Good question. I suppose I’d take them up the Angeles Crest Highway 2 into the mountains via motorcycle, where the air is crisp and clean and the windy roads are well paved. It’s a motorsports mecca and I’m a bonafide local on the mountain, having covered tens of thousands of miles up and down. Theres a great roadhouse up there called Newcomb’s Ranch that’s owned and run by good friends… literally my home away from home. There you’ll find bikers and car enthusiasts from all walks of life, as well as hikers, campers and anyone looking to get away from the bustle of LA. Yes, we all know the beaches, but most Angelenos are blind to the fact we have gorgeous mountains just minutes away. There’s a whole community up there and on any given Sunday, you can rub elbows with the likes of Jay Leno – another frequent visitor. As well as a whole host of petrol headed celebs. Then I suppose I’d take them out for some great vegan food, although I’m not vegan. I know that sounds strange, but hear me out! My girlfriend is hardcore vegan and I’m mostly vegetarian as a result of dating her. I say mostly, because I’ll sometimes trip and land on a juicy burger or fall into a bar of sushi. But I’d say 98% vegetarian. With that said, I’ve been introduced to some fantastic vegan joints that have turned this lifelong carnivore into a believer of clean eating. Places like Crossroads Kitchen or Pura Vita, both in WeHo, along with the comfort eats at Next Mex or Doomies in Hollywood are some of my favorites. Afterwards we’d hit a gig at places like the Baked Potato or the Blue Whale, where there’s a 90% chance one of my friends or colleagues will be hitting. These are iconic performance venues that are super cozy and intimate, with vetted bands and performers that are usually really good. Thinking about my answer, what I just described is pretty much my normal routine on any given day off!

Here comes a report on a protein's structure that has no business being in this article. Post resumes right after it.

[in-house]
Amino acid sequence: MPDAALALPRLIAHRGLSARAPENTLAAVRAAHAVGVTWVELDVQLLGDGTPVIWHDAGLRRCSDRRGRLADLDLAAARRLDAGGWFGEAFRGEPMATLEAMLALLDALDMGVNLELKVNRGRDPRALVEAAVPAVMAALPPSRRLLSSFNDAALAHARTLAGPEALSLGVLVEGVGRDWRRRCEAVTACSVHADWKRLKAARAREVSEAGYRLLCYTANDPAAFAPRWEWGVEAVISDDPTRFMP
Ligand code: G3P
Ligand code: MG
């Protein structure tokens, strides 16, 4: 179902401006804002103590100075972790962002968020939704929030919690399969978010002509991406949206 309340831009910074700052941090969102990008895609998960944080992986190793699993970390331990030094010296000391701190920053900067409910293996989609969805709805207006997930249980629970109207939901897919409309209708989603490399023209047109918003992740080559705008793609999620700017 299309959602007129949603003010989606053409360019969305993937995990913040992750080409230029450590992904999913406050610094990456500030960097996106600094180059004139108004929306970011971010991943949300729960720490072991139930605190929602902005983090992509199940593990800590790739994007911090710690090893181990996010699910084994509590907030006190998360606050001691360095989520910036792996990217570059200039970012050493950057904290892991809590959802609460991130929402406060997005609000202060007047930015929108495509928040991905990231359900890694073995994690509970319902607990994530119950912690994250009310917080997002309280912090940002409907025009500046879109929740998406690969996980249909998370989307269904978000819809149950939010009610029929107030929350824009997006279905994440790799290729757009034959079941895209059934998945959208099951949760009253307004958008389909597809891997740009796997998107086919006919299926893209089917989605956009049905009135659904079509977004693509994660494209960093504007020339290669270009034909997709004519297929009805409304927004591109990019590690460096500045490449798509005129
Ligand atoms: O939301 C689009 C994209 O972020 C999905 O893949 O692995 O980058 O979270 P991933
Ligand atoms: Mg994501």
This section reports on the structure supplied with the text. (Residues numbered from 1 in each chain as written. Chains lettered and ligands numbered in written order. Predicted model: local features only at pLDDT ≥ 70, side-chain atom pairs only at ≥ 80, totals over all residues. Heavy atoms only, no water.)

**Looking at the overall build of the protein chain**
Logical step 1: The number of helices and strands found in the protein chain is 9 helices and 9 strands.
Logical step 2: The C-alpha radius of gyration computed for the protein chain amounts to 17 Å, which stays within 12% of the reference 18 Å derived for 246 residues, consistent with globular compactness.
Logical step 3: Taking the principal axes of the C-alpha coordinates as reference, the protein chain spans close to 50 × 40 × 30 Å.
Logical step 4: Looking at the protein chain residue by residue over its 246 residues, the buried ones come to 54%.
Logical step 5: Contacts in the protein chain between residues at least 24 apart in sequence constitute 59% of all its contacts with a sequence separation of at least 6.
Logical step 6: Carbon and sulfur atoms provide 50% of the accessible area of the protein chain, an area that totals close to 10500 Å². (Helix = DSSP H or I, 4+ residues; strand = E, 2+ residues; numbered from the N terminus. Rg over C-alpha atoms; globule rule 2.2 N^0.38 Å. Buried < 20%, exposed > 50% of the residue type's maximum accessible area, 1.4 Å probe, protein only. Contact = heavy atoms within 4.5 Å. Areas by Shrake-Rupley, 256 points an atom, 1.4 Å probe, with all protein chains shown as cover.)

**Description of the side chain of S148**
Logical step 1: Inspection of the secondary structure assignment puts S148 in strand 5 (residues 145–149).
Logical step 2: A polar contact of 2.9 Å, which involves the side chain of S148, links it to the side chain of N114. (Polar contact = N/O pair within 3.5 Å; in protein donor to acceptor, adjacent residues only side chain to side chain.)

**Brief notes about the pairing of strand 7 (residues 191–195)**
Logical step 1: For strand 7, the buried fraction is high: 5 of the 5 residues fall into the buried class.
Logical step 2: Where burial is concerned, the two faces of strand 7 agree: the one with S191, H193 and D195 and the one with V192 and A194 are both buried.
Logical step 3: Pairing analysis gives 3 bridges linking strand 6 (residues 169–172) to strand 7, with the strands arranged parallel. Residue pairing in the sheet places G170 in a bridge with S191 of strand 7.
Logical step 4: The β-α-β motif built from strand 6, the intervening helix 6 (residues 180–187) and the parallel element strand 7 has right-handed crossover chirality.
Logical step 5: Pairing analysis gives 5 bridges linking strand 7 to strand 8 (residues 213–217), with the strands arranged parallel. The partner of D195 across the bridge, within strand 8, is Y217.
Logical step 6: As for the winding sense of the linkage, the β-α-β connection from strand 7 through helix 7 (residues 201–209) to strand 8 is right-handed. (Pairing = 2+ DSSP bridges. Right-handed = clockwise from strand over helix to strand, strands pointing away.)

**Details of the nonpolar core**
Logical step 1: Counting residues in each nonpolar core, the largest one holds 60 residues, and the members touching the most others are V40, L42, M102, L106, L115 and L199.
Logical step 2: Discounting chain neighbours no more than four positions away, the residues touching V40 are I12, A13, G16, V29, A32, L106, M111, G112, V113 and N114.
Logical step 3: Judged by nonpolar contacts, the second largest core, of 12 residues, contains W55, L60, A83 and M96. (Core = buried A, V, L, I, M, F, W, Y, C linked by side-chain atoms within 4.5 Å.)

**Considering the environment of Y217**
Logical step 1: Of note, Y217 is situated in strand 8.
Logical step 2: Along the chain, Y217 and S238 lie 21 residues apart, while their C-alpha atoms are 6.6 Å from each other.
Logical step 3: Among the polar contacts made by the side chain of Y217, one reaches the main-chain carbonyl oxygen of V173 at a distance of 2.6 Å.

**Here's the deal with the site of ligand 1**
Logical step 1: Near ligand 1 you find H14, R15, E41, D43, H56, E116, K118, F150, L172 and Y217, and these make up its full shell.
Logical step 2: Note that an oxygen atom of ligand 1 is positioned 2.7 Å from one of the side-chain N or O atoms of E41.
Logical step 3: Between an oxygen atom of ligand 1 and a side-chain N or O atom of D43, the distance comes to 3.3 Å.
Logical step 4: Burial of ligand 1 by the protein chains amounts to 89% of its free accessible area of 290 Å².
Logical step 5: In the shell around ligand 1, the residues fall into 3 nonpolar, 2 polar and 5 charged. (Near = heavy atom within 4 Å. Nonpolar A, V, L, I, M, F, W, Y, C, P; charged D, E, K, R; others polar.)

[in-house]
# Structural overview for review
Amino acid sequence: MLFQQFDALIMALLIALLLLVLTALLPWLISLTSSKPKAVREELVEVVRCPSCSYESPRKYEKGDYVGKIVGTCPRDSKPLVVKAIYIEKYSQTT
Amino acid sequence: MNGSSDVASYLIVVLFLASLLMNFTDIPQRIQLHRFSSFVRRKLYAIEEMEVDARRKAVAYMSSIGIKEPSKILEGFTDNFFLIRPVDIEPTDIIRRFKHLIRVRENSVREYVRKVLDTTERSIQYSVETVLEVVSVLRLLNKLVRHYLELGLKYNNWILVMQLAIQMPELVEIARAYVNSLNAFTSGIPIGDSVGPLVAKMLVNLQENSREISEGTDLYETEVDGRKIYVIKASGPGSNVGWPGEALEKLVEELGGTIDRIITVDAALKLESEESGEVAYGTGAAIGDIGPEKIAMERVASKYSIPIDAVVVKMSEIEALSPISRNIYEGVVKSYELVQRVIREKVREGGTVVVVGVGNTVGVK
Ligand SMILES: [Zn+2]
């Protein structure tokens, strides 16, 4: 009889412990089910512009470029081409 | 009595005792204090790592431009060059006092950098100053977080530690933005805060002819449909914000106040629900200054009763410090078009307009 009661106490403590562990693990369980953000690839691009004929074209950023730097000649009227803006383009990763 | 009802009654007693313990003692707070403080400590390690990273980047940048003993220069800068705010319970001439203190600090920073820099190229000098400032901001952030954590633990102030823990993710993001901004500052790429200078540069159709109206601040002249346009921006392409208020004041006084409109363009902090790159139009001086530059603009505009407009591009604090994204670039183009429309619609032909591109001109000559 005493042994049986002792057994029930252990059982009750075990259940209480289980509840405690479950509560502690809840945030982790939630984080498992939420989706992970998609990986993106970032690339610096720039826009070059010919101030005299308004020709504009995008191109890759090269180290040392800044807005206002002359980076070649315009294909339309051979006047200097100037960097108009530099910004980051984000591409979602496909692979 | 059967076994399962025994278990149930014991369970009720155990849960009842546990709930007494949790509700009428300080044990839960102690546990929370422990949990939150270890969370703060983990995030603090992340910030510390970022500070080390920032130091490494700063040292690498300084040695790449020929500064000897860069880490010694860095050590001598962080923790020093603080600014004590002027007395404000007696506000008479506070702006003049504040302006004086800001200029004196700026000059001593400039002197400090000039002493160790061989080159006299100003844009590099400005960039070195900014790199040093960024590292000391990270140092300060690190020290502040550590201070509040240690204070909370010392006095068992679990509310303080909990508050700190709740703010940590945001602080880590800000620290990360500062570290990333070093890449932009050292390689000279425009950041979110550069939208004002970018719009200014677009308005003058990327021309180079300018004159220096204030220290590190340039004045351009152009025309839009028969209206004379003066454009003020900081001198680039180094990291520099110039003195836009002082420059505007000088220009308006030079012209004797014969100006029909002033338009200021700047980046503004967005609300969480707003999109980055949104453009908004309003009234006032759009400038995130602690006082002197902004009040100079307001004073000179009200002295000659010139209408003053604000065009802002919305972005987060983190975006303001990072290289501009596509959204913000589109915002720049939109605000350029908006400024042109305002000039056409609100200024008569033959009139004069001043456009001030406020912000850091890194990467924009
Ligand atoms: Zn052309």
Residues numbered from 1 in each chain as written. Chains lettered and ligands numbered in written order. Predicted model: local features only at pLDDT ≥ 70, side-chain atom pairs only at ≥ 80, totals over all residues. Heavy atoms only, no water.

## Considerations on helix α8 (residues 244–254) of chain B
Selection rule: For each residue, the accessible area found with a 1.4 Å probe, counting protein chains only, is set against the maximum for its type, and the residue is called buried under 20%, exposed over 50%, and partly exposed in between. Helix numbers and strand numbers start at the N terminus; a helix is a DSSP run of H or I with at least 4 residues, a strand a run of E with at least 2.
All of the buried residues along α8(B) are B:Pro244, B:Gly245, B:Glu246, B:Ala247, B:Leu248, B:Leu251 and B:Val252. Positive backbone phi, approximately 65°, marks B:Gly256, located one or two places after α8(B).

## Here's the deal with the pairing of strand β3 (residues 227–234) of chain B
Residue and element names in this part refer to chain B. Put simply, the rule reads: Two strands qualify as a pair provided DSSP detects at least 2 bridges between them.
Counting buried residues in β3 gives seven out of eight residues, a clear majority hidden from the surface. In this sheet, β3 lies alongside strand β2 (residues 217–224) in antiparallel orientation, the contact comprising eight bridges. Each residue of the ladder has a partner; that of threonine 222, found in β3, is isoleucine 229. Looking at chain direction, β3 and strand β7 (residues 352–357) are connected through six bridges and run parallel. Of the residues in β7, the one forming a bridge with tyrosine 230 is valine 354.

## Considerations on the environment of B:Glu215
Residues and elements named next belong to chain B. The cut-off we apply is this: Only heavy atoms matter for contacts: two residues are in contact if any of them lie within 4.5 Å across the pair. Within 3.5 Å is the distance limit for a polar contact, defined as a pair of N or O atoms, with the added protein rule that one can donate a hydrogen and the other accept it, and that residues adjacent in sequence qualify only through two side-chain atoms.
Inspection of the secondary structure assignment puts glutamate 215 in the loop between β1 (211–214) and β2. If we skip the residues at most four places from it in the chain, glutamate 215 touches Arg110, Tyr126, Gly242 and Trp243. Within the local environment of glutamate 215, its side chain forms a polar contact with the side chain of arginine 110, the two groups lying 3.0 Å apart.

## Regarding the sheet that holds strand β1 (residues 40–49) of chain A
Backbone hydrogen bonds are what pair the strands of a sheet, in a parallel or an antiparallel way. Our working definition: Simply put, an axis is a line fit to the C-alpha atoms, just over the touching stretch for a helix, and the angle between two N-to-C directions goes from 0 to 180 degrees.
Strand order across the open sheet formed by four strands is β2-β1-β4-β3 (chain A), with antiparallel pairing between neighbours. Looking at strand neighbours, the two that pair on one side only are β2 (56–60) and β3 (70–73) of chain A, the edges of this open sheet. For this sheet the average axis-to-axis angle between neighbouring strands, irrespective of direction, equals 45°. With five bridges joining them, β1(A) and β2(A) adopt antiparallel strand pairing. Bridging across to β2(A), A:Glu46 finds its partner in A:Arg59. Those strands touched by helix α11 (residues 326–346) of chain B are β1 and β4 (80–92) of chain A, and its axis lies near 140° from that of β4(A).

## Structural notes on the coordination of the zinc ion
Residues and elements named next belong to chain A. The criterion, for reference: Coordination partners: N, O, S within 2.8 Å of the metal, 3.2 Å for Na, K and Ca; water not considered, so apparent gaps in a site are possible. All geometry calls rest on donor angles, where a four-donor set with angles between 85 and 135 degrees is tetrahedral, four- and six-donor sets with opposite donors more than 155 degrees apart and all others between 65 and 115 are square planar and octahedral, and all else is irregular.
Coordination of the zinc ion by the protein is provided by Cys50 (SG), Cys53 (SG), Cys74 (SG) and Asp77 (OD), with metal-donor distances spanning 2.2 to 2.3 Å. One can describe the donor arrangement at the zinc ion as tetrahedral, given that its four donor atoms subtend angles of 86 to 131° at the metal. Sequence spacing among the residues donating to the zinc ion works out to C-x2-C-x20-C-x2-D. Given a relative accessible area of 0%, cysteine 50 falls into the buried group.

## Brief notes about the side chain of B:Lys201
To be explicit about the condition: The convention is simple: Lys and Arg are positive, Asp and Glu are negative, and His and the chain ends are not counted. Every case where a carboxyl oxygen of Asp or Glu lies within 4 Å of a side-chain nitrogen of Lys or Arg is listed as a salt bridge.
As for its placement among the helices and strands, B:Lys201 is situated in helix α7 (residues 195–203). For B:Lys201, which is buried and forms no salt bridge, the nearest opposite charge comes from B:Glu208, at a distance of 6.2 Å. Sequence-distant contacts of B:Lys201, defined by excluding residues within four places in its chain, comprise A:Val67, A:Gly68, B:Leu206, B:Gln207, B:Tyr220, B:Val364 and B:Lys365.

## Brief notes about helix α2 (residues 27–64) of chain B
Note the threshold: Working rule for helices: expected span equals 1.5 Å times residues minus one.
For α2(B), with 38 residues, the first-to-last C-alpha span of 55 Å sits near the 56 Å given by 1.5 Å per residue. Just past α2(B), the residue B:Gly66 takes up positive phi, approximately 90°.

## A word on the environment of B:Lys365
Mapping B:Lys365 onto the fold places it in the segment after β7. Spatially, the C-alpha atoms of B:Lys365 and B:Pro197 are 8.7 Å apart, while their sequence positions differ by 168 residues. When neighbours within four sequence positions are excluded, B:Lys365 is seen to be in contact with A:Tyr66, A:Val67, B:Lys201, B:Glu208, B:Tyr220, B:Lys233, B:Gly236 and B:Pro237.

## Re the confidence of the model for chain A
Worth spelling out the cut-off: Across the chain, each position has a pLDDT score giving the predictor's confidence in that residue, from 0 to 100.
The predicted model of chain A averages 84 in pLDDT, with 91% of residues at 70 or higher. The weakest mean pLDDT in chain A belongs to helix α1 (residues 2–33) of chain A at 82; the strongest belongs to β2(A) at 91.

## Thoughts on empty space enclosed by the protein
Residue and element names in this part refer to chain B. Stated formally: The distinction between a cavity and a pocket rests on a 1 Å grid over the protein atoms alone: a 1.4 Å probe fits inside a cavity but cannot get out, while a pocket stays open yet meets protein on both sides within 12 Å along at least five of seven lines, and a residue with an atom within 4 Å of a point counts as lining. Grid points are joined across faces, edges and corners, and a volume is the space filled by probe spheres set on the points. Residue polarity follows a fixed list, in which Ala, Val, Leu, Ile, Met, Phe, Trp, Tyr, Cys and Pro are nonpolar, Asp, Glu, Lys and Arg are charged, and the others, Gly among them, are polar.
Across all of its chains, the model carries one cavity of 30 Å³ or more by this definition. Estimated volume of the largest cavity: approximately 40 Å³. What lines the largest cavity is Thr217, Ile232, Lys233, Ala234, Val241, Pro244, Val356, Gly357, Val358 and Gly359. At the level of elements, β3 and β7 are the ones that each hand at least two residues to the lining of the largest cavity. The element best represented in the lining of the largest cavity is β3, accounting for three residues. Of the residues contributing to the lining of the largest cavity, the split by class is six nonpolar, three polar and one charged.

Who else deserves some credit and recognition?